Minor weather report: small upcoming Google algo change will reduce low-quality “exact-match” domains in search results.
— Matt Cutts (@mattcutts) September 28, 2012
So this is good news for some, but bad news for others, but not me. Yes, I have an exact match domain, but it’s not going to hurt me much at all. I’m convinced of it. Though I do have an exact match domain, I wouldn’t consider this site low-quality. We’re talking AdSense sites that do nothing but scrape content or sites that never update or nasty looking sites without much meat at all. Those sites should worry, if they’re ranking high for some queries.
Your web pages titles probably don’t pertain to your exact match domain, anyway.
Remember, we’re talking about PAGES ranked by Google, not entire websites. So, because my homepage says “The SEO News Blog” and my URL matches what I try to write about here, that URL doesn’t match every page or post on my blog.
The pages that rank highest in search for this blog are about bounce rate, Facebook Facepile, who coined the term “web 2.0,” and .pdf files passing page rank. Not one of them has an exact-match title. And I’m still ranking for 1,737 terms that aren’t SEO news.
Why good quality exact match domains sites won’t be hurt at all…
First, notice the part of the tweet that says “low quality.” If your site sucks, you probably don’t have a prayer. You’re going down, if the only thing keeping you in the SERPs at any position was your exact match domain.
If you search “golf,” you’ll see that Golf.com is still#1 for the term “golf” because your page rankings depend on so much more than just this one shift in the algorithm. Let’s see why it won’t hurt Golf.com one iota:
- Golf.com has been around since 1996. Longevity has a lot to do with your rankings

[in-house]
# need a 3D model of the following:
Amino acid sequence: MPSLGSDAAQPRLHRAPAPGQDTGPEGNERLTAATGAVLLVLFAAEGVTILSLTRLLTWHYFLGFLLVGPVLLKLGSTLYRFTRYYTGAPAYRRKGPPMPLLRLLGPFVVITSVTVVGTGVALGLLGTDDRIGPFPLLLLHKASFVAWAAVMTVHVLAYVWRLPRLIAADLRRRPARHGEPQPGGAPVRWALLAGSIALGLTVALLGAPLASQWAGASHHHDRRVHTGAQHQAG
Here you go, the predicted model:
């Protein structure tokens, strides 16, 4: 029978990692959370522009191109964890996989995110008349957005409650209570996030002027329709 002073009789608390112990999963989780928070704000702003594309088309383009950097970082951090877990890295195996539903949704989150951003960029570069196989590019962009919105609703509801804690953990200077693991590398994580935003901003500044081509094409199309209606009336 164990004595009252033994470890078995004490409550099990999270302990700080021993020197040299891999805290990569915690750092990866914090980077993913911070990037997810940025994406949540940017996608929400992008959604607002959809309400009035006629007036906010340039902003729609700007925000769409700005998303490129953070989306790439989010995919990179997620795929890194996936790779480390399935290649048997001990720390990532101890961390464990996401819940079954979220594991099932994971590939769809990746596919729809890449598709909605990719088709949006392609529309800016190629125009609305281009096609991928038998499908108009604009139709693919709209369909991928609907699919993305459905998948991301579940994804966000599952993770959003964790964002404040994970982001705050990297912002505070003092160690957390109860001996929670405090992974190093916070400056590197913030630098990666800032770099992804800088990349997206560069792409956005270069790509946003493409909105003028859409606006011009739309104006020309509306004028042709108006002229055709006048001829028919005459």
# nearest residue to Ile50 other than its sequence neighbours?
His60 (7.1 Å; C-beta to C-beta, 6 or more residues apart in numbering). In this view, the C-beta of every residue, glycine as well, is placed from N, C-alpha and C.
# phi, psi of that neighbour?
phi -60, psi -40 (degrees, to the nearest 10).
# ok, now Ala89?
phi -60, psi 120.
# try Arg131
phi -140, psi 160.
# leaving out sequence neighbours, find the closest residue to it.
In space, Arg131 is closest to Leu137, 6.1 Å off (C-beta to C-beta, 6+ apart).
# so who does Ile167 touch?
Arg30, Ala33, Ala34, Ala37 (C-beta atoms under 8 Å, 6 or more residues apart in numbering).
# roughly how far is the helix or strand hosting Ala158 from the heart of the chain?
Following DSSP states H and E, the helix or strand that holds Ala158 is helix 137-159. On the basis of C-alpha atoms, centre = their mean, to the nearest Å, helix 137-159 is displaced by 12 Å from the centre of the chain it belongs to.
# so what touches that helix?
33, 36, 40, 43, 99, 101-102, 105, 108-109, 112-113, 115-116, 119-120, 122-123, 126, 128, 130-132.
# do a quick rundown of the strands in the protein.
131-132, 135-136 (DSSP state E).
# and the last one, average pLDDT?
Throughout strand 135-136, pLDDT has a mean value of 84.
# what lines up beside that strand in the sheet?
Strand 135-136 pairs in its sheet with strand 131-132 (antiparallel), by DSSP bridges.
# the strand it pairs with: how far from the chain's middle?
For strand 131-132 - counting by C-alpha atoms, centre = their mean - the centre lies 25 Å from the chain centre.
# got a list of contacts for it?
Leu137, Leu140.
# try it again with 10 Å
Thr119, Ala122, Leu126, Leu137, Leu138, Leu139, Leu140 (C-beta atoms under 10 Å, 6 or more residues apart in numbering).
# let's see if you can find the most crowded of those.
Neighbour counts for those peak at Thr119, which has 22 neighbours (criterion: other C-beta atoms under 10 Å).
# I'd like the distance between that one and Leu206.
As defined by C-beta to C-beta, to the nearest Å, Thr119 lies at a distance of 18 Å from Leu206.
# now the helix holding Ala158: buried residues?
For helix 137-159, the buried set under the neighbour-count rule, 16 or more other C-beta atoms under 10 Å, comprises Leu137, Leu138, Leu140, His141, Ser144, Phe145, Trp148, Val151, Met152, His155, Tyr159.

- Google has 1 million pages on the site indexed.
- Google shows only 312 backlinks with the link: query, which seems really low, but Golf.com has some very high-quality, high-profile, high-rep sites linking back — PGATour.com, GolfDigest.com, and USOpen.com to name only three.
- Golf.com’s Alexa is 9,933 and it’s getting like 10K visitors a day.
Can you say, “Authority site”? I knew you could.
What to do if you have an exact match domain
If you have an exact match domain and you have a blog that you update often with quality content, no worries. It probably won’t hurt at all. If you have an authority site, again… no worries. But if you have a site that doesn’t do much to improve the Web and you noticed a huge drop in traffic since Friday, you may want to consider improving your site and choosing a domain that has more to do with your brand than your niche.
And if you’re planning a new website, stop worrying about exact match domains and go with a brand name that you can promote. Associate that brand name with everything you do and tie it in to whatever your niche is. Make ABC, LLC the place to get red widgets, and Google will be happier.